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God and Satan: The Cult of Jose Luis de Jesus Miranda



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    Jose Luis de Jesus Miranda is a Puerto Rican leader referring to himself as both the Christ and the Antichrist (Growing in Grace).  He has a large number of followers, publicizes his faith fervently, and yet he is known among the religious folk as essentially a crackpot.  “Jose Luis de Jesus Miranda is a 60-year-old former heroin addict and convict who believes that he is the living incarnation of ‘Jesus Christ, the Man . . . the second coming of Christ’” – reports a website on cults (“Jose Luis de Jesus Miranda: Million Dollar Messiah”).

    Jose Luis de Jesus Miranda has angered Christian leaders who claim that he is a fraud, while religious experts believe that the man may be much more dangerous as a cult leader who truly believes that he is God.  The man reminds many of David Koresh and Jim Jones (Zarrella and Oppmann).  And, even though Jose Luis de Jesus Miranda claims to be Christ, he believes that Satan, Hell, and sin are complete lies; that prayer is a waste of time; and that the Ten Commandments as moral or ethical guidelines are absolutely irrelevant (“Million Dollar Messiah”).

    The man who considers himself divine, and yet disbelieves in some of the most important Biblical principles, further claims that he had an epiphany in the year 1973.  This is when the resurrected Christ is said to have integrated himself within Jose Luis de Jesus Miranda.  The man does not know why he was chosen for the divine mission.  He began the Growing in Grace Ministries in the mid-1980s anyway, and says that the ministry has a presence in at least twenty nations.  Moreover, he claims to have at least thirty teaching centers across the United States (“Jose Luis de Jesus Miranda”).

    In Puerto Rico, the denomination of Jose Luis de Jesus Miranda has opened centers in many areas including Guaynabo, Arecibo, Yabucoa, Ponce and Hormigueros (“Jose Luis de Jesus Miranda”).  What is more, the man’s ministry has its own 24-hour cable channel today, complete with sermons as well as news programs and music videos that reportedly reach more than two million homes (Plocek).  Arian Campo-Flores of Newsweek attended one of the congregations in Florida organized for Jose Luis de Jesus Miranda.  He reports:

    At first glance, the congregation gathered in a warehouse in Doral, Fla., seems like a typical Hispanic evangelical group.  There’s the 10-piece band, the singing and swaying, the whooping and hollering.  But look a little more closely.  There’s not a cross in sight.  The lectern is emblazoned with a near replica of the U.S. presidential seal, except that it reads in Spanish, government of god on earth.  Off to the side stand three burly guys in dark suits with Secret Service-style earpieces.  When a door by the stage opens, the guards leap into action. They surround the man with slicked-back hair who emerges and escort him to his seat.  When the crowd spots him, it goes wild.  People chant, “Lord! Lord! Lord!”  It quickly becomes clear that they’re referring to him.  “It’s Jesus Christ himself!” a preacher onstage announces. “Let’s welcome Jesus Christ Man!”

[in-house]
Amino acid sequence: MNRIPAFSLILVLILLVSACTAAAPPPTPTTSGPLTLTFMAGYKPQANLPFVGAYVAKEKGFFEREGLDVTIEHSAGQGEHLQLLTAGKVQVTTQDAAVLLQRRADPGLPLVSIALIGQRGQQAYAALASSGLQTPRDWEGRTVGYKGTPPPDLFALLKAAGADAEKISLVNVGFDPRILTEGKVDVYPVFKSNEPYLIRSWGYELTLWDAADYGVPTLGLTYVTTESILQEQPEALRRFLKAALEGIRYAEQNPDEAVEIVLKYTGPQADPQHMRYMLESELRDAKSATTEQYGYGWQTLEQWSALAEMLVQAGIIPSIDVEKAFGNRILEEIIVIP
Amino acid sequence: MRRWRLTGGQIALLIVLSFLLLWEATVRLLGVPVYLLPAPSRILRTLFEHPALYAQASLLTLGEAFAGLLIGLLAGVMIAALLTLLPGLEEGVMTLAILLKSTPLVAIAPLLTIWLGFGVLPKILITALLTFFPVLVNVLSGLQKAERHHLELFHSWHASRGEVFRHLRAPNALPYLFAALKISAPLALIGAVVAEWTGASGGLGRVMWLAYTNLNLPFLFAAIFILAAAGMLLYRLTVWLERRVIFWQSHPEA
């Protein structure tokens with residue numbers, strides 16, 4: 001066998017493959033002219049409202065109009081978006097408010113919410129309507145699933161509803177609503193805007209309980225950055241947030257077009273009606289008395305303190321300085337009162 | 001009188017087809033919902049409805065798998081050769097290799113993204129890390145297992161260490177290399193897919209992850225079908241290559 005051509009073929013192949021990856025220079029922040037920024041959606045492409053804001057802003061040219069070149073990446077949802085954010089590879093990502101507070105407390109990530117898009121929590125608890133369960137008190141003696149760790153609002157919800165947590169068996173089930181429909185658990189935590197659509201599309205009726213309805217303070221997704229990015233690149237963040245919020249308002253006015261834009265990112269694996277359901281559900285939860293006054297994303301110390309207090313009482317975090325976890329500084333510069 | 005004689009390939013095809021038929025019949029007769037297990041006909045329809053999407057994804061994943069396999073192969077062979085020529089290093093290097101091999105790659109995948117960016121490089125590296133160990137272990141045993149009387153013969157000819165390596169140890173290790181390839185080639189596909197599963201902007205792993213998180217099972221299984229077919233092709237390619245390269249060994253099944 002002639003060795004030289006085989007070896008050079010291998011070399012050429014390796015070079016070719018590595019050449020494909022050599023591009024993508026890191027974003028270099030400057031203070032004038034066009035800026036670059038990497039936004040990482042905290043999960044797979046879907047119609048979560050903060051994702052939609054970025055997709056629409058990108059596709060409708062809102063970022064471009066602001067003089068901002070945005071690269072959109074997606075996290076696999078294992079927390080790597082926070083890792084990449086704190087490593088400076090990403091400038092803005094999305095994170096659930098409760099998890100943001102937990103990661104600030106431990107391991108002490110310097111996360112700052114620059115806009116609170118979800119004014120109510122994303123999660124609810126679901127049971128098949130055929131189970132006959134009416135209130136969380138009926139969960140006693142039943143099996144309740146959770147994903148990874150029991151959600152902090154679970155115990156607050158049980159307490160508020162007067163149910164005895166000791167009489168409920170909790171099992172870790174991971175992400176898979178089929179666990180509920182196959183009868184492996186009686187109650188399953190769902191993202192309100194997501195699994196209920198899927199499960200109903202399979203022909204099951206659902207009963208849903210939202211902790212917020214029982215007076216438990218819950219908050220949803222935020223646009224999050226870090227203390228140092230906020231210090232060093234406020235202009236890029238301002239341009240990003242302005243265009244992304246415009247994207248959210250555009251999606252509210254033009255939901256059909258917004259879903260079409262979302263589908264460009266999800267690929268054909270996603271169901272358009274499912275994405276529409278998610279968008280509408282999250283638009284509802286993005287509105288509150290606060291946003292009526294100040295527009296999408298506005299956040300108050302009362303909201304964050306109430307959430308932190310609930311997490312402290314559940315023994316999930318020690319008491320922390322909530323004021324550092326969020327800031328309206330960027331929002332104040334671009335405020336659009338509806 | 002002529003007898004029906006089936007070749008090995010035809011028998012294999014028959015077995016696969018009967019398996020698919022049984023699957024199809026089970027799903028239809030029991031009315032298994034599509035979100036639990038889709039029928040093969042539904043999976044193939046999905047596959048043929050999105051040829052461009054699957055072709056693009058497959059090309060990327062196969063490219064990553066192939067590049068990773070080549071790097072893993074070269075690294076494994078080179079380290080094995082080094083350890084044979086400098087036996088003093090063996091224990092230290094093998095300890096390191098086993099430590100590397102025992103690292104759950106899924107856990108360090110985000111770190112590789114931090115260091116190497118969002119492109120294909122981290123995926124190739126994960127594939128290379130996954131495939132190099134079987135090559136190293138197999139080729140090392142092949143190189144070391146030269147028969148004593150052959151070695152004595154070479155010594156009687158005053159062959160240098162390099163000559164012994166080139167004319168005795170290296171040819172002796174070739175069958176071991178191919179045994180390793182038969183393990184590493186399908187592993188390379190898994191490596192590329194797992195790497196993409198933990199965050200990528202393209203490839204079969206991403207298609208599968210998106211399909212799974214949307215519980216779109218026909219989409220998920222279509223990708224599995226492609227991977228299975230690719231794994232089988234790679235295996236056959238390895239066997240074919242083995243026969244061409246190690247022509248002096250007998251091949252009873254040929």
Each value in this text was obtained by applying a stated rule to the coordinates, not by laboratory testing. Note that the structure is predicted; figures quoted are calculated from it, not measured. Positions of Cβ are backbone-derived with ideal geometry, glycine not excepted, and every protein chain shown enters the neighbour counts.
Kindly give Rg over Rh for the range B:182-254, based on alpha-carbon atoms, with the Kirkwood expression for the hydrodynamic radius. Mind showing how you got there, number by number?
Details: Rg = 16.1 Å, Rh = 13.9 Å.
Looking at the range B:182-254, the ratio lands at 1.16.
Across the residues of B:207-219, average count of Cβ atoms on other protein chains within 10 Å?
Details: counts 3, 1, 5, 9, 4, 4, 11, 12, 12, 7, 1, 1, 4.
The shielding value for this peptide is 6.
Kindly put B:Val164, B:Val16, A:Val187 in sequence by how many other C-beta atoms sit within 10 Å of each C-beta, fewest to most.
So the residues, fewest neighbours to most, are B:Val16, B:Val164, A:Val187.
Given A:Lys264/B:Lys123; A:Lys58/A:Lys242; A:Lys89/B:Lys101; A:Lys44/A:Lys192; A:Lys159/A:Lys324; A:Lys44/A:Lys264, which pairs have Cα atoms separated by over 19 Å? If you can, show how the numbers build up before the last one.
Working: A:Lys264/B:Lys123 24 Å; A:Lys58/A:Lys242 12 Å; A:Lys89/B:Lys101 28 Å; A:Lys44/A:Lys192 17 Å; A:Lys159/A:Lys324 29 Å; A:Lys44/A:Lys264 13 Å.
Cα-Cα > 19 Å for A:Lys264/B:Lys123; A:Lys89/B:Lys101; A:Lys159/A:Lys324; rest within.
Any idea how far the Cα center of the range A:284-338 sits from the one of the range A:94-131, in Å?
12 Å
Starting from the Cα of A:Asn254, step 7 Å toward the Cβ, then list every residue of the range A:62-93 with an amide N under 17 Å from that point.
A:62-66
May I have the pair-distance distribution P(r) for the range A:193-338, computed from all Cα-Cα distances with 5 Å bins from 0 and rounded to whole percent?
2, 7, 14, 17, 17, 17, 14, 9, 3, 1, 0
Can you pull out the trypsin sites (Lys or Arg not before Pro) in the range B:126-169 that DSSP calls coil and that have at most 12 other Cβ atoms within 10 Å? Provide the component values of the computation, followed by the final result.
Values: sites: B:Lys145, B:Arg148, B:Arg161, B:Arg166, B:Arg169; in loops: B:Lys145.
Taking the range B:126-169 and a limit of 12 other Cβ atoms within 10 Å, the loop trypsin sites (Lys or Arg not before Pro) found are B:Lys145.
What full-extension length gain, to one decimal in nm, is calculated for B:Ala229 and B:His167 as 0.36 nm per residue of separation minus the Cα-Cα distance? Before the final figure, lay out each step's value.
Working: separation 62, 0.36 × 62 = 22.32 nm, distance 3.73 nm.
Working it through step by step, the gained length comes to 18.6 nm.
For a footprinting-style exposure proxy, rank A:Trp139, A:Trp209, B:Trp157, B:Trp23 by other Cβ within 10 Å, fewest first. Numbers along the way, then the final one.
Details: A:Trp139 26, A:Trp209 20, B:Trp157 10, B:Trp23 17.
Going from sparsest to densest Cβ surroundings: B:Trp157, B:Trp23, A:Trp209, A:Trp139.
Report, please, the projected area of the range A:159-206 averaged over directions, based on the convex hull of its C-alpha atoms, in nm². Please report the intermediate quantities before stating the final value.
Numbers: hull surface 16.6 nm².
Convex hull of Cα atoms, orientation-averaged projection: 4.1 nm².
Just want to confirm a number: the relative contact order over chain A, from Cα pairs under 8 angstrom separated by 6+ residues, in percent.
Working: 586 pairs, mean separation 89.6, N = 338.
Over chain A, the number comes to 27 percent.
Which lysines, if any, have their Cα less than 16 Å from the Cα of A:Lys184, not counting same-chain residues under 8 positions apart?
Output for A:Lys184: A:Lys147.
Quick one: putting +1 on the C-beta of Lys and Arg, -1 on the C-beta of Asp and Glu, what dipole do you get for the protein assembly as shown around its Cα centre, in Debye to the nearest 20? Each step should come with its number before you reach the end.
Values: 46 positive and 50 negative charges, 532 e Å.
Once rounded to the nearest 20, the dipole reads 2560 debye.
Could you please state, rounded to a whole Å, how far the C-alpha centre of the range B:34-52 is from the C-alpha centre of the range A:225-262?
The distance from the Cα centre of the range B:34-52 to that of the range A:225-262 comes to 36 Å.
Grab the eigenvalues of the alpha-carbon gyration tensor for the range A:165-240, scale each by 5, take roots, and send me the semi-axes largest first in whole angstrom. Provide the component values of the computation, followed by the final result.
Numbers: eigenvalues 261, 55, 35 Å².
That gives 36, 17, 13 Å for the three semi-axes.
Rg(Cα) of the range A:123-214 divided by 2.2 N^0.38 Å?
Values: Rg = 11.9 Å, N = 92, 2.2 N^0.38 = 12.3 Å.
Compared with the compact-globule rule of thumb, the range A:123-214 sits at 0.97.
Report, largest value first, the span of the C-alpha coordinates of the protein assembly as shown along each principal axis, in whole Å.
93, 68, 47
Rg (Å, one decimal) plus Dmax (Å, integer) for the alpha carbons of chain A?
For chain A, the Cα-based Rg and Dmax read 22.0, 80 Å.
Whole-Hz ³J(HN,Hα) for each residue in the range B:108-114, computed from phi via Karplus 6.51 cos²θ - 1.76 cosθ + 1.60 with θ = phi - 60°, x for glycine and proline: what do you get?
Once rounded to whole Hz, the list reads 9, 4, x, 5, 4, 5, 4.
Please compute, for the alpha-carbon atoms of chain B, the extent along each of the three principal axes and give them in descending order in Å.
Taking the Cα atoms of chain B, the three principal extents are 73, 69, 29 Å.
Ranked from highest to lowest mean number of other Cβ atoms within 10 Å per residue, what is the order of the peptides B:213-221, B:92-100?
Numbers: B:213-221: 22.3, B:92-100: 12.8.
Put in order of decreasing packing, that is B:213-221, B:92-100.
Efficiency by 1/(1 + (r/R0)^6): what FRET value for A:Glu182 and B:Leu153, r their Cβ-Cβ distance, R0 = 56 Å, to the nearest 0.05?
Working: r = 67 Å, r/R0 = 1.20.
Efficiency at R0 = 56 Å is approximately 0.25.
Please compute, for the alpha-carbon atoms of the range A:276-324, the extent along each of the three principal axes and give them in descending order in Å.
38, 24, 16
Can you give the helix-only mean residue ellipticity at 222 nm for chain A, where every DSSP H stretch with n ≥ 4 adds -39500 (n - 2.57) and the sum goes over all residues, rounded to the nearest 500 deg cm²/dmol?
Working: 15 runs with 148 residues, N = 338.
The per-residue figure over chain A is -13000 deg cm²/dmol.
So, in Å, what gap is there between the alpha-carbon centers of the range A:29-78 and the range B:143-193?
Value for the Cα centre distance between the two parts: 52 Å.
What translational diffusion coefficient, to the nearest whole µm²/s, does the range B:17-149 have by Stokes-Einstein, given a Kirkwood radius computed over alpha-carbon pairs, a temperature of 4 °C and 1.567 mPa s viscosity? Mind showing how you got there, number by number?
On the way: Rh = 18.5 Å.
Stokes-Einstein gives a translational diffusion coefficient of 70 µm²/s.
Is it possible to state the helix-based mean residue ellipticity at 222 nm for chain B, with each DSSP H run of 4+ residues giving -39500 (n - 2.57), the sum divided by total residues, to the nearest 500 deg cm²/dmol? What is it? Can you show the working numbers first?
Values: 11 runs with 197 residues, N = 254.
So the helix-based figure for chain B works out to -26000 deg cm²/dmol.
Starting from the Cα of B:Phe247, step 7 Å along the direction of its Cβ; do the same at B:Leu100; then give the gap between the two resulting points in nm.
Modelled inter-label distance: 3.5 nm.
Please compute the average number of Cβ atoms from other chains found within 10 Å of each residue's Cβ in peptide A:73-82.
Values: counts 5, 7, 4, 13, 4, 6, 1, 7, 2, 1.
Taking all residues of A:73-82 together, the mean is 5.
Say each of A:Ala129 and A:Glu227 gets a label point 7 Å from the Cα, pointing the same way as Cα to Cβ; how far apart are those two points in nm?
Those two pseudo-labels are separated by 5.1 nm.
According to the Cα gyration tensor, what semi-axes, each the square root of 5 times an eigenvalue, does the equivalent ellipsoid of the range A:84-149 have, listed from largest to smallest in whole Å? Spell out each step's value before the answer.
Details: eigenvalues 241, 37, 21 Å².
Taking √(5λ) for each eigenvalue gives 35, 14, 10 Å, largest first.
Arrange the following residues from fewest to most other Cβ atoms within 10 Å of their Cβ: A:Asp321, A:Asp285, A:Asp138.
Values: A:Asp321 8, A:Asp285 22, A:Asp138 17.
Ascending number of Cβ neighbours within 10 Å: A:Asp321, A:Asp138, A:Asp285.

The Growing in Grace ministry of Jose Luis de Jesus Miranda is presently busy growing with new believers in Jose Luis de Jesus Miranda.  In the year 2005, the central office of the ministry is said to have gathered more than $1.4 million and added over one hundred churches.  Jose Luis de Jesus Miranda is basically asking his believers to disbelieve in the personality of Jesus to boot.  “Believing in Jesus of Nazareth does not make you a Christian,” he says.  “Jesus of Nazareth was a Jew.  He wasn’t a Christian; he was a Jewish man…People who put their eyes on Jesus of Nazareth become Jews, and they don’t know” (Plocek).  Hence, the believers of Jose Luis de Jesus Miranda must believe in him alone – the new Jesus.  Even so, the disbelievers in him trust that Jose Luis de Jesus Miranda is just one of the signs of the end times, namely, the appearance of one of the false Messiahs before the Christ’s actual second coming.

    Works Cited

    1. Campo-Flores, Arian. “He Calls Himself God.” Newsweek (2007, February 5).
    2. Growing in Grace. Retrieved from (27 February 2007).
    3. “Jose Luis de Jesus Miranda: Million Dollar Messiah.” All About Cults (2007). Retrieved from (27 February 2007).
    4. Zarrella, John, and Patrick Oppmann. “Pastor with 666 tattoo claims to be divine.” CNN. Retrieved from (27 February 2007).
    5. “Jose Luis de Jesus Miranda.” Wikipedia (2007). Retrieved from (27 February 2007).
    6. Plocek, Keith. “This Man Thinks He’s Jesus H. Christ!” Houston Press (2006, November 30). Retrieved from (27 February 2007).

    God and Satan: The Cult of Jose Luis de Jesus Miranda. (2016, Dec 18). Retrieved from

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